Forcing yourself to summarize your position can be a positive thing. I coach writers to do the same thing. Summarize your story in a headline and a subhead. If you can't do it, you probably don't have a focus yet. And if your headline doesn't accurately reflect what a reader finds when they get to the story, then you probably think you're writing about something you're not.

Jarvis clearly knows where he stands, and this post is going to be referred to for a long time to come. Is he right? Not entirely, if I'm any judge. But it's compelling, well thought out and sure to spark discussion, and there is a lot of value in that no matter the accuracy of the prognostications.

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Creativille (slight return)

I’ve begun Twittering lately, and the resulting ability to keep tabs on the ideas of thought leaders from various industries has energized me in the same way that my immersion into blogs thanks to my first RSS reader did a few years ago. I’m not among those who think Twitter will displace blogs, much as I don’t believe the Internet will displace print media. But I do know that information consumers have much more to choose from these days, and that makes it an exciting time for those of us who revel in such freedom of choice.

This blog began a few years ago after I read books by a number of big thinkers – Thomas Friedman, Malcolm Gladwell, Chris Anderson et al – who sparked my own thinking about issues of business, technology, arts and culture. I used the blog to grapple with a unifying theory that could help all of these things to line up in my mind. I finally hit upon the idea of Unlimited Choice. It’s not great, sounding like a generic cell phone or cable television pricing tier, but it gets at what I’m after.

Essentially, the diversity of media through which information is shared means that people can choose how much or how little to absorb. They can choose what they want to hear, read, watch or experience. They can choose when to do so, for how long and at what cost.

This is all restating what I have written here before, but there is an amplification that comes thanks to the deafening debate about the fate of the media going on. As if it wasn’t bad enough to read constantly in online news reports and even-more-frequent blog posts about the impending demise of my industry, I now read such opinions and analyses on a minute-by-minute basis on Twitter.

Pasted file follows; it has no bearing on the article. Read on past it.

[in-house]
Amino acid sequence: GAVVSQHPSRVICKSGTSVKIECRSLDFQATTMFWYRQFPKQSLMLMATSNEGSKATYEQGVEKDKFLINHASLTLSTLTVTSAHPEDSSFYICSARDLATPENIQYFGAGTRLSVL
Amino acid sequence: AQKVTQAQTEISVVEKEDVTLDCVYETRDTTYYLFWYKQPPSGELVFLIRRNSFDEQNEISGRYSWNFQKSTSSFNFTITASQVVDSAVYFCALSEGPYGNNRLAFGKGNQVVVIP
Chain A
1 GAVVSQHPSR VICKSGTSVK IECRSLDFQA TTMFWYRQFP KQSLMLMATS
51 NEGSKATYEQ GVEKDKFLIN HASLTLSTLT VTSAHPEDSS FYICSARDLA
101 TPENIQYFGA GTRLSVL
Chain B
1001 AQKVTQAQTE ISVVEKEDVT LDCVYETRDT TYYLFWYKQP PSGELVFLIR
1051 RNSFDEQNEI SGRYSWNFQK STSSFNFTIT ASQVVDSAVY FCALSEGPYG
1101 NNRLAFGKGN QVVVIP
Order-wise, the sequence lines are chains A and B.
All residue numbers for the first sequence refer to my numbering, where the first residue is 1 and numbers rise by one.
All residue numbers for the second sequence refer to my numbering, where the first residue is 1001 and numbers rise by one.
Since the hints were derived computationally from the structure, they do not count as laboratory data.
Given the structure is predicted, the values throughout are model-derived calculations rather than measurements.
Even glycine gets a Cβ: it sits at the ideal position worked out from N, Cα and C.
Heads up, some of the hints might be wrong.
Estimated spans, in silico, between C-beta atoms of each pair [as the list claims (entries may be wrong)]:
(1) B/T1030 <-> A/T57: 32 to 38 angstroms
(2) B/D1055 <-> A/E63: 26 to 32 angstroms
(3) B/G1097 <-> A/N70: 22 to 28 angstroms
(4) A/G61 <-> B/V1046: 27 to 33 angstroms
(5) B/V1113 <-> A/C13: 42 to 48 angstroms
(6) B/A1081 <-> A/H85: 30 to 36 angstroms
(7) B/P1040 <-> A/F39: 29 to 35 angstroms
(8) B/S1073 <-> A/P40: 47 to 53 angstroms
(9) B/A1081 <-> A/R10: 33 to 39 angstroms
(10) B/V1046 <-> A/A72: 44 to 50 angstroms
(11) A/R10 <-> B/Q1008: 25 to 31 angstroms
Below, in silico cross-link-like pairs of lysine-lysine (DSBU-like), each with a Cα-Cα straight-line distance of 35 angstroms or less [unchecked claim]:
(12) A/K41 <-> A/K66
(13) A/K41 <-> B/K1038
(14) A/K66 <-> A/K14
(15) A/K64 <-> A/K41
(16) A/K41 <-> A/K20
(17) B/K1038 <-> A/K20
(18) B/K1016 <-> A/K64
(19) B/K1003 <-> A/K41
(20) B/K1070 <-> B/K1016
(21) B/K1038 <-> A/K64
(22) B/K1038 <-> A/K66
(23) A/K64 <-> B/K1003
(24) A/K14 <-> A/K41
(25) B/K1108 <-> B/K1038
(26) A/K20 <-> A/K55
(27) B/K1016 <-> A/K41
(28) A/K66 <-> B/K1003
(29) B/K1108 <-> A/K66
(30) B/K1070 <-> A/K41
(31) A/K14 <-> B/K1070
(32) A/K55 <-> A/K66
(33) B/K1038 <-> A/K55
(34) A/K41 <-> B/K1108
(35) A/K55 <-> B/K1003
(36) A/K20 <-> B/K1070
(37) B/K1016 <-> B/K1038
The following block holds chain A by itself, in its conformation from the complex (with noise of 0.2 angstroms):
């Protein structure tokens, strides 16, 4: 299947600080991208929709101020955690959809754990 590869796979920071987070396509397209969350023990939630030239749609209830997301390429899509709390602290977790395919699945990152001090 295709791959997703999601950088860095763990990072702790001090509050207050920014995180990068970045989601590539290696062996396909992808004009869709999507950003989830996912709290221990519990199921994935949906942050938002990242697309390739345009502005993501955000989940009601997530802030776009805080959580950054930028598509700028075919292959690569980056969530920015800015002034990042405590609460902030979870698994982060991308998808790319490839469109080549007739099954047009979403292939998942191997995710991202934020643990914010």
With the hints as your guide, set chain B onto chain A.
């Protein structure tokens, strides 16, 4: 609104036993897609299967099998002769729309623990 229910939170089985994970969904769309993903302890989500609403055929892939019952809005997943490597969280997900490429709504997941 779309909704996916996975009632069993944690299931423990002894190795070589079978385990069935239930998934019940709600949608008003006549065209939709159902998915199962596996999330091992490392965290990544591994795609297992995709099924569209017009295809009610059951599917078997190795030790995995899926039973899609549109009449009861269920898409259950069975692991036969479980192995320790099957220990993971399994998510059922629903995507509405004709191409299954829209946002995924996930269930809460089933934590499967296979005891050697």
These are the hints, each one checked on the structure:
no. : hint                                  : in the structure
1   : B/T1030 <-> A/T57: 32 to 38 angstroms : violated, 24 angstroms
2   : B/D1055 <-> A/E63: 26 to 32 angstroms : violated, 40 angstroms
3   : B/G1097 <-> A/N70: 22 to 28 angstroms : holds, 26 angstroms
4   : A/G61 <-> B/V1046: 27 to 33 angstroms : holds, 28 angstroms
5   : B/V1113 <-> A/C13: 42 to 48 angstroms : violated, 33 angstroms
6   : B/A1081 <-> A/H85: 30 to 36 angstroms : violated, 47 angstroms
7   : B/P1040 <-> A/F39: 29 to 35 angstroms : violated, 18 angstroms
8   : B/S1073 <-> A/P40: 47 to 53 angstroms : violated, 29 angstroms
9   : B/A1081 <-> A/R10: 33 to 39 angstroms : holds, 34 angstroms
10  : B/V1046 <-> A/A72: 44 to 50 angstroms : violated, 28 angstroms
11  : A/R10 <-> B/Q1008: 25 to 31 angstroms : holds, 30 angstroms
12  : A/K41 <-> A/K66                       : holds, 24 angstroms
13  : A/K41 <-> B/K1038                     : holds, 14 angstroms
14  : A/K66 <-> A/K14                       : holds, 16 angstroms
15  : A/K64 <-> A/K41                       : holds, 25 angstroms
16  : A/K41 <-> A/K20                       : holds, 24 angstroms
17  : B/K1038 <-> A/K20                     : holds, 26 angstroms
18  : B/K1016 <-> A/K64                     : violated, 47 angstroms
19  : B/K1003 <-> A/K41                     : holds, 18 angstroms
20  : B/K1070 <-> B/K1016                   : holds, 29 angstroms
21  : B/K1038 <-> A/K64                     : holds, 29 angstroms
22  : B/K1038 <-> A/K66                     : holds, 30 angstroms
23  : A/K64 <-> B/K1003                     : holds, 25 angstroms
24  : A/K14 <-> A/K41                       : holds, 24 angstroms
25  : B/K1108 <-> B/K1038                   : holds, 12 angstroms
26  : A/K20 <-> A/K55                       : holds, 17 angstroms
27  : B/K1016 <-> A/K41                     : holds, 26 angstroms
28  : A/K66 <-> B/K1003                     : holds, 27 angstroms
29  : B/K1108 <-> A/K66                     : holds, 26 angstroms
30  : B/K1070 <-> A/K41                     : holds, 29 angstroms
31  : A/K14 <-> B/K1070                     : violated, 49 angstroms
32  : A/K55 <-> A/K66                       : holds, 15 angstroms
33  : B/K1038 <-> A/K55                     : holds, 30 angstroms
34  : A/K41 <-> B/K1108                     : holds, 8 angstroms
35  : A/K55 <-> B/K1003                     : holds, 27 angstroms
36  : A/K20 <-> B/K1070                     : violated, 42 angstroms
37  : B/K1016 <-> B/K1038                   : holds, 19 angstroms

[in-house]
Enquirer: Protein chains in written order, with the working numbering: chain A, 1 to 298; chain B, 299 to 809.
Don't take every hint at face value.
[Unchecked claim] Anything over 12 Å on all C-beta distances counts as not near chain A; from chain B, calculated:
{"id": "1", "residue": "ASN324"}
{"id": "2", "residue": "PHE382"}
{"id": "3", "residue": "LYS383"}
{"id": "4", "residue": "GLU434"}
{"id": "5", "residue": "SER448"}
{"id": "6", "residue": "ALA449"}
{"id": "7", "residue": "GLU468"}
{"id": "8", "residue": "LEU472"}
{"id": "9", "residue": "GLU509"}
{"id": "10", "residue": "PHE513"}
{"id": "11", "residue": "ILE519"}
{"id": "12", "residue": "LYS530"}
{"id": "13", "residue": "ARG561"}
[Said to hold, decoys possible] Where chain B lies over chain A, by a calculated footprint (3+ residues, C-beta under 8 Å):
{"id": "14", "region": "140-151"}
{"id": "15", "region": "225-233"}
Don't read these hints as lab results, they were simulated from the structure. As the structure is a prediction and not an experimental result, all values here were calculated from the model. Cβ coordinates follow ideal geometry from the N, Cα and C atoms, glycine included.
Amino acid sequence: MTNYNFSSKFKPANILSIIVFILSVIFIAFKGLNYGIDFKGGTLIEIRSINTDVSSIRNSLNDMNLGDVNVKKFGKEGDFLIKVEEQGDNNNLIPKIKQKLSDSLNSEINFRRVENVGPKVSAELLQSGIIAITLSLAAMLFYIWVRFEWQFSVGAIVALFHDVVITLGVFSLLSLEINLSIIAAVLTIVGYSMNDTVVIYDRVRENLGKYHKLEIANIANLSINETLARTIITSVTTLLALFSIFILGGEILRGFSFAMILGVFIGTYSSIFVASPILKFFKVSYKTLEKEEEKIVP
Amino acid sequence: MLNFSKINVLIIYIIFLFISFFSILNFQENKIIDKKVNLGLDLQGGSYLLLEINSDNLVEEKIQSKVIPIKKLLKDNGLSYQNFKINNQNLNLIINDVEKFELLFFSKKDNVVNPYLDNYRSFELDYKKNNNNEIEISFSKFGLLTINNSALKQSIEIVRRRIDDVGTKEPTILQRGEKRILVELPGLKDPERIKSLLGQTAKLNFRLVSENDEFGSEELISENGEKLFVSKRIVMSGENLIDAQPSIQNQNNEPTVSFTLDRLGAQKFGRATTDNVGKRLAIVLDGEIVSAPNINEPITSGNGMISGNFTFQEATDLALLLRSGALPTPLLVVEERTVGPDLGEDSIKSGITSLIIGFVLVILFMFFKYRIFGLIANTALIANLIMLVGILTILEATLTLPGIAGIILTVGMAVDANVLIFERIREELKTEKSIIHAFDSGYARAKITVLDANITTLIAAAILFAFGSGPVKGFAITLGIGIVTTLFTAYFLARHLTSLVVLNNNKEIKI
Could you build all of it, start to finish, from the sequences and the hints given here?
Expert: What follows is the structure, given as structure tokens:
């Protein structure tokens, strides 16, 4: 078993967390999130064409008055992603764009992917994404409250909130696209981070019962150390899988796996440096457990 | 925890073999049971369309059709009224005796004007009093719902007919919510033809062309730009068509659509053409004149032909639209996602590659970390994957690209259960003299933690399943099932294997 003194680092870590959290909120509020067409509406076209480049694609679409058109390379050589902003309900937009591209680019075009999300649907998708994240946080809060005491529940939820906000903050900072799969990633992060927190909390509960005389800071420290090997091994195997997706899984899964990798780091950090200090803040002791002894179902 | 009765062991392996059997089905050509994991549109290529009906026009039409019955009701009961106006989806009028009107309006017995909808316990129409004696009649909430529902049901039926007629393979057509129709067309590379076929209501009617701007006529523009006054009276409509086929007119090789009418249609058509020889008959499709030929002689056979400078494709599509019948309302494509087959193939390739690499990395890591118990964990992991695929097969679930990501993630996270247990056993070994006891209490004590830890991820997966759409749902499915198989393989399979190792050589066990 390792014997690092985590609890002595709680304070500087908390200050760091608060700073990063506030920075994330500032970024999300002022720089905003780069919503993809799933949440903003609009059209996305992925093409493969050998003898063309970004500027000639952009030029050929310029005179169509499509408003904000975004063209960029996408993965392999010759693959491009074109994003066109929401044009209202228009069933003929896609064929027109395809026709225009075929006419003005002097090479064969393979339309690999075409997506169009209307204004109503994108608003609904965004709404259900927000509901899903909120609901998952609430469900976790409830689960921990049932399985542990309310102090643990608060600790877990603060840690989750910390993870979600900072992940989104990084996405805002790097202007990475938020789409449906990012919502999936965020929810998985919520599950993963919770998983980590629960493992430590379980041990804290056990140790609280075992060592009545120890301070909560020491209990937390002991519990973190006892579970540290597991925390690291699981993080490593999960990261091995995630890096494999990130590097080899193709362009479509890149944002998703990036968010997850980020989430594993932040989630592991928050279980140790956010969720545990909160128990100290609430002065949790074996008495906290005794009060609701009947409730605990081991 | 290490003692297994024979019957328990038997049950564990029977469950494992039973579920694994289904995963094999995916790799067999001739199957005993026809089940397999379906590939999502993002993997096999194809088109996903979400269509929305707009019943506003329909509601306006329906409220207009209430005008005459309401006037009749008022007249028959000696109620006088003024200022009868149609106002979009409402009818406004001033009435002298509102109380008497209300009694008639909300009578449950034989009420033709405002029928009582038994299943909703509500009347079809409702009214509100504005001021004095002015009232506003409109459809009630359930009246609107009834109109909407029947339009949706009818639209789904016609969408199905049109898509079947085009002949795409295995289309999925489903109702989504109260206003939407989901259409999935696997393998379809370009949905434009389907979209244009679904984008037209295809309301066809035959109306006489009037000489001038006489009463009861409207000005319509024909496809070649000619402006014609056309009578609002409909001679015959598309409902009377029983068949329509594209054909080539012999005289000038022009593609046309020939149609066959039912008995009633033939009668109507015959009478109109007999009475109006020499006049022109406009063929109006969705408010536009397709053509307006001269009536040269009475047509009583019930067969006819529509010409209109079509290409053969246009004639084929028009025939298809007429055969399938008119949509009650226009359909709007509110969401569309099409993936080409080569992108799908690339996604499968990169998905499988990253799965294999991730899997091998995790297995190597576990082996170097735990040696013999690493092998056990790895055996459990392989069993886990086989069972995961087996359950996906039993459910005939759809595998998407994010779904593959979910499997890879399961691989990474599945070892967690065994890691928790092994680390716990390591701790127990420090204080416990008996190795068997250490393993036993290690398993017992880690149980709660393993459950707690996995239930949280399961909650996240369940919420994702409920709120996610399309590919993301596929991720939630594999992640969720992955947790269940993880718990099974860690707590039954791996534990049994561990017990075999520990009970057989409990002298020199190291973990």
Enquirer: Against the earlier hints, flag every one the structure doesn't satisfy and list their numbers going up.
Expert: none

I drifted away from Creativille (if that isn’t a Jimmy Buffet song in waiting, I don’t know what is) as other pursuits took precedence, but the recent conversation of which I’ve been a part has drawn me back in with a refined purpose.

There is no doubt that the news industry is in trouble. But there are plenty of people who are trying to point us all in the right direction. The diversity of media I mention above has sprung up because technological advances allow for it, of course, but also because consumers increasingly demand such choices. They no longer want to wait for the morning paper to see a sports score, or for the evening news to get the weather, or for the local CD shop to stock a CD to hear a song. They want it now.

At the same time, however, the still do want the newspaper and the evening news and the CD shop, but not for the same reasons they once did. The want the newspaper as a permanent record and a place to read longer stories. They want the evening news to see high-resolution video. They want the CD shop so they can hold that deluxe boxed set in their hands before pulling the trigger on a purchase.

So my purpose here is twofold. To explore the continuing ways that technology, business, media and culture intersect, and to look at ways the new age of unlimited choice is affecting the way people produce and absorb media.

I was able to engage in a brief dialogue about a couple of my ideas during an online chat with new Cedar Rapids Gazette Editor Stephen Buttry this week. I wrote that the media has three roles: gathering news, filtering out what is most interesting and then offering context and analysis. Buttry wrote that consumers can fulfill the middle role of filter just fine thanks to services like Digg.com, which is true. But I’ll stand behind the idea that we’re professional filters, hired by our readers to sift through all of the information out there and present the best of it. That job is harder now, because everyone has access to pretty much everything, meaning no one needs blindly trust our judgment.

So, welcome. I hope to pick up where I left off many months ago with similar content and some new ideas. The conversation is happening, and this is my attempt to be a part of it. In the meantime, you can find me on Twitter and, for those interested in more specialized writing about music and books (or even more specialized writing about the music of Robert Pollard), you can find me elsewhere. And, of course, there is always the Corridor Business Journal and CorridorBuzz.com, where I’m dealing with these issues from the front lines.